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The Liverpool Biennial’s emphasis on local identity could not be more prescient

12 July 2016

To walk down Rhiwlas Street in Liverpool 8 is a pretty sobering experience. Most of the terraced Victorian houses sport signs that read: ‘ALL ITEMS OF VALUE HAVE BEEN REMOVED FROM THIS PROPERTY.’ They were all forcibly vacated some time ago, their windows and doors blocked with metal sheets. In the middle of the street stands an immense granite monolith created by Turinese artist Lara Favaretto. Its flank is slashed with what looks like a gun slit in a wartime bunker, into which punters are invited to drop loose change. At the end of the Liverpool Biennial, for which it was commissioned, Favaretto’s sculpture will be demolished and the collected money donated to a local charity that supports refugees. Noble as the gesture is, it is swallowed up by the enormity of the damage wreaked by decades of institutional neglect.

According to director Sally Tallant, this year’s Biennial ‘explores fictions, stories and histories, drawing on Liverpool’s past, present and future.’ At any other time, this would have sounded like so much curatorial guff, but in 2016, the year Britain was forced to confront itself and decide what kind of country it wanted to be, the narrative of place couldn’t be more prescient. ‘Where are you from?’, asks a slogan printed on the Biennial’s official tote bag. It is presumably intended as a welcoming gesture, but in light of the current national debate you could just as easily take it as an aggressive one.

With so many works sited in derelict or overlooked parts of town, it seems clear that this year’s Biennial was conceived as a sociopolitical as well as an artistic event. I had lazily assumed that, like so much of Britain’s Victorian housing stock, the abandoned buildings on Rhiwlas Street had been condemned to demolition, but it turns out the City of Liverpool has decided to leave them standing in the hope that they can once again be made habitable. What influence Assemble’s Turner Prize-winning redevelopment in nearby Toxteth’s Granby Four Streets has had, I don’t know. But when I visit that area it becomes clear that the architecture collective’s achievement is not the norm. In the shadow of another abandoned terrace, a sculpture by Alisa Baremboym stands as alien as a UFO on a scrappy patch of grass. Its near-conical surface is formed from sheets of punctured steel, similar to the ones lining the windows of the houses behind it. Looking between the perforations into the hollow interior, it’s possible to make out a pulsating pink light whose source remains hidden. I saw it in blazing sunshine, but to visit in the dark would be quite something.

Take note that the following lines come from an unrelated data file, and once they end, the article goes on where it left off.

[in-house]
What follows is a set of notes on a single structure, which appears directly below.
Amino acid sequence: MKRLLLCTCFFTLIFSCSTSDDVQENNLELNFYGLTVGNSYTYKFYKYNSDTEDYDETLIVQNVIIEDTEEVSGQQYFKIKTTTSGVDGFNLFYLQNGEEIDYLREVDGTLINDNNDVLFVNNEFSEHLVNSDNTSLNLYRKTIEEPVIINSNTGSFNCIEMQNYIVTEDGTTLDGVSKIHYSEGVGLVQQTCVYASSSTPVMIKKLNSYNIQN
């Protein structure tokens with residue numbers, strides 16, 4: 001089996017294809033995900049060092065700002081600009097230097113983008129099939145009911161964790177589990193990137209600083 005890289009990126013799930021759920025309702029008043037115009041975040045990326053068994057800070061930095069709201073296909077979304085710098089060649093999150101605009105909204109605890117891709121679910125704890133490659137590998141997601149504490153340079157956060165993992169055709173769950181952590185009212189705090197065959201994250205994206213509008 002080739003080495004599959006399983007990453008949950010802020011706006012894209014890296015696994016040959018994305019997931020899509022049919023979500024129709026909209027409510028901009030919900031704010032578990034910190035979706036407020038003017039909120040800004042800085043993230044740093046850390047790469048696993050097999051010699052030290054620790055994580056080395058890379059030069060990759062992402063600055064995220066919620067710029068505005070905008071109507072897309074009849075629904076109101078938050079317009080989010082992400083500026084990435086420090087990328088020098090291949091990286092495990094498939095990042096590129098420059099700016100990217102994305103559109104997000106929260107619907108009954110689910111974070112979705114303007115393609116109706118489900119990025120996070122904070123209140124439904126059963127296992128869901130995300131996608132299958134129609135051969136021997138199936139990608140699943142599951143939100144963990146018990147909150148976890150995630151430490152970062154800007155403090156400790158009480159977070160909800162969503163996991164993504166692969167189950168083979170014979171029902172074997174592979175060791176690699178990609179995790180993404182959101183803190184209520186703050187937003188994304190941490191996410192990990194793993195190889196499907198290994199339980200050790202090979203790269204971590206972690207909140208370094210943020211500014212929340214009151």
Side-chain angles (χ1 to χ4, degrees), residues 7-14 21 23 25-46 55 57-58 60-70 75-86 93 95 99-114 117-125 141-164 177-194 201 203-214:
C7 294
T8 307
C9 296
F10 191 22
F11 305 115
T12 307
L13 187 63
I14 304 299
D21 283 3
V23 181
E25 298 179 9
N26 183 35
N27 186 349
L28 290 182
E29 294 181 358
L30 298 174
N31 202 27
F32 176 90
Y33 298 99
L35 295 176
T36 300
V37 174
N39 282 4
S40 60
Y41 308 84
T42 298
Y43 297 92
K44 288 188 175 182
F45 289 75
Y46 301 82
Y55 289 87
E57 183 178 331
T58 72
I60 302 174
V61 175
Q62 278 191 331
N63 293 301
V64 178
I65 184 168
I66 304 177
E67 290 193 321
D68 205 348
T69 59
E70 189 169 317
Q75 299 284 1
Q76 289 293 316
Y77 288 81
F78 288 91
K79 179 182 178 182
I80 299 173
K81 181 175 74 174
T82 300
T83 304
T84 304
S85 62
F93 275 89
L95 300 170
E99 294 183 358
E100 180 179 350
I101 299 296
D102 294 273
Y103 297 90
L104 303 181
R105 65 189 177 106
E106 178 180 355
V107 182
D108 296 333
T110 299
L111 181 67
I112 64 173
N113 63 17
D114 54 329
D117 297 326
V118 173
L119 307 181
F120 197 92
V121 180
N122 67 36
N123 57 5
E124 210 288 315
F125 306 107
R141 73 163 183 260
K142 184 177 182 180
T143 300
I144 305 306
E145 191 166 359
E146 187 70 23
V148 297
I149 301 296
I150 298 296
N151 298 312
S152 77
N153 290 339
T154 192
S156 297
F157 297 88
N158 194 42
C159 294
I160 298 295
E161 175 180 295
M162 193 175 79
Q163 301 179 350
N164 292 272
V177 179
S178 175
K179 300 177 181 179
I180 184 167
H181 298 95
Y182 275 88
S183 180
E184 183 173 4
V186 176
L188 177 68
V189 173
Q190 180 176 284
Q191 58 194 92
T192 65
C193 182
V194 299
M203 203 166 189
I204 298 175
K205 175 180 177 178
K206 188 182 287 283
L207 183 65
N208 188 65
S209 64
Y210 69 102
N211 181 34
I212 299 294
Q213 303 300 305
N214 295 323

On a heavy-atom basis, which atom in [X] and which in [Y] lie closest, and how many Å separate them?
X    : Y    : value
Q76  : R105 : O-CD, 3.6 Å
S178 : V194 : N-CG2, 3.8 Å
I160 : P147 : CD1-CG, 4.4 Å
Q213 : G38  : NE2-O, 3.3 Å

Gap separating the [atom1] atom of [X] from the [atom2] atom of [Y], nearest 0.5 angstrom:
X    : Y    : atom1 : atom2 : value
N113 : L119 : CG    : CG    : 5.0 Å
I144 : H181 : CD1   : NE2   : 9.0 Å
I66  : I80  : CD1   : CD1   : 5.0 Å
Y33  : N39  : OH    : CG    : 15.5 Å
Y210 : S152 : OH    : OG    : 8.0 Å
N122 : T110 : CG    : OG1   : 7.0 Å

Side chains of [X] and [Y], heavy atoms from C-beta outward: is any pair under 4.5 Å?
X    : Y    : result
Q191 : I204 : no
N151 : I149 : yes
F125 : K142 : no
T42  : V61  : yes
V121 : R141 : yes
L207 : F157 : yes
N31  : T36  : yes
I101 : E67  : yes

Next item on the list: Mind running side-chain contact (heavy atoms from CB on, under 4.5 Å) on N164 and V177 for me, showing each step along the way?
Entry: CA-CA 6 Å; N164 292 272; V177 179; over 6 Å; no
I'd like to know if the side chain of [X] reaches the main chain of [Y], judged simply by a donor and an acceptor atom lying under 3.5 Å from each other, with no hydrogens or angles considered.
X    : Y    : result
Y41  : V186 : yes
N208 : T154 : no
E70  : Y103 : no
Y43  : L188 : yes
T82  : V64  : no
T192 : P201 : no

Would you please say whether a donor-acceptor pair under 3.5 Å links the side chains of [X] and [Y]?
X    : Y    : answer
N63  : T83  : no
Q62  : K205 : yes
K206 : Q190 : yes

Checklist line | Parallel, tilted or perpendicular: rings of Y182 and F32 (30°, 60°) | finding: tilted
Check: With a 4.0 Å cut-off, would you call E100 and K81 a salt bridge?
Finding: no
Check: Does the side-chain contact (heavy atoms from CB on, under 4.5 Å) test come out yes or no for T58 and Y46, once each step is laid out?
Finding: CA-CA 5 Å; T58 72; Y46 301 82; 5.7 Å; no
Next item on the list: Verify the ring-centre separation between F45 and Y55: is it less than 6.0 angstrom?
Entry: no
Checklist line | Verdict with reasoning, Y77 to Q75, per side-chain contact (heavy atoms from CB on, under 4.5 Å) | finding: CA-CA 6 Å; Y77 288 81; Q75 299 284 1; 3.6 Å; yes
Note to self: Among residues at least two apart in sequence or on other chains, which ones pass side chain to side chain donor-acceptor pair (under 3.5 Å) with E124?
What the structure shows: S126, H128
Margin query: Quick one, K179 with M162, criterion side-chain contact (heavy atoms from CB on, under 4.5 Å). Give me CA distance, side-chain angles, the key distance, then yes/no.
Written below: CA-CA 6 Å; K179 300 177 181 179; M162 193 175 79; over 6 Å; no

Portal (2016), Rita McBride, installation view at Toxteth Reservoir, Liverpool Biennial 2016.

Portal (2016), Rita McBride, installation view at Toxteth Reservoir, Liverpool Biennial 2016. Photo: Joel Chester Fildes

Meanwhile at the decommissioned Toxteth Reservoir – an extraordinary, bunker-like Victorian folly disguising a vast industrial space – Rita McBride has staged what is quite literally the Biennial’s most eye-scorching spectacle. The sign reading ‘Danger – Laser Radiation’ at the entrance is hard to shrug off, but it’s worth it. A cobweb of green laser beams shoot from one side of the structure to the other, the residual damp creating a twinkling effect on each gossamer thin ray.

Heading back to Lime Street Station through the city centre, I stopped by at the abandoned ABC cinema, a Grade II listed structure that screened its last film – Casablanca – in 1998 (by coincidence, the year of the first Liverpool Biennial). Walk in at the wrong moment and you’ll be enveloped by the darkness, before the room suddenly erupts into a barrage of psychedelic celluloid and eerie voiceovers.

This modest but grandiose space – check out the gilt depictions of Liverpool Cathedral still visible on the ceiling – is playing host to five different commissions. Sculptures by Favaretto, McBride and Ramin Haerizadeh, Rokni Haerizadeh and Hesam Rahmanian are scattered around the space, and are, frankly, a bit irrelevant to proceedings. But the two film installations by Samson Kambalu, whose monochrome films on multiple screens capture a group of children reimagining the aforementioned Casablanca, and the latest instalment of Fabien Giraud and Raphaël Siboni’s deranged The Unmanned series, turn this into the most anarchic, exciting arts venue in Britain right now. It really shouldn’t all work together, but it’s explosive.

The Unmanned (1922 – The Uncomputable) (film still; 2016), Fabien Giraud and Raphaël Siboni.

The Unmanned (1922 – The Uncomputable) (film still; 2016), Fabien Giraud and Raphaël Siboni. Courtesy the artists

To come back to that question on the tote bag, I would imagine that, like me and indeed Assemble (who seem to me to be the unofficial godparents of this particular edition), many visitors would say they come from ‘elsewhere’. This, in the case of the Toxteth commissions, is problematic. Sceptics will no doubt interpret it all as an exercise in poverty tourism. Yet for all the controversy around ‘artist-led regeneration’ and its attendant pitfalls, Liverpool’s enthusiasm for it is heartening, and, I hope, successful. On the strength of what I saw, this Biennial is a uniquely ambitious and engaged art event. Let’s hope, in this time of instability, that Liverpool will have the opportunity to develop on that.

The Liverpool Biennial 2016 runs until 16 October at venues across the city.

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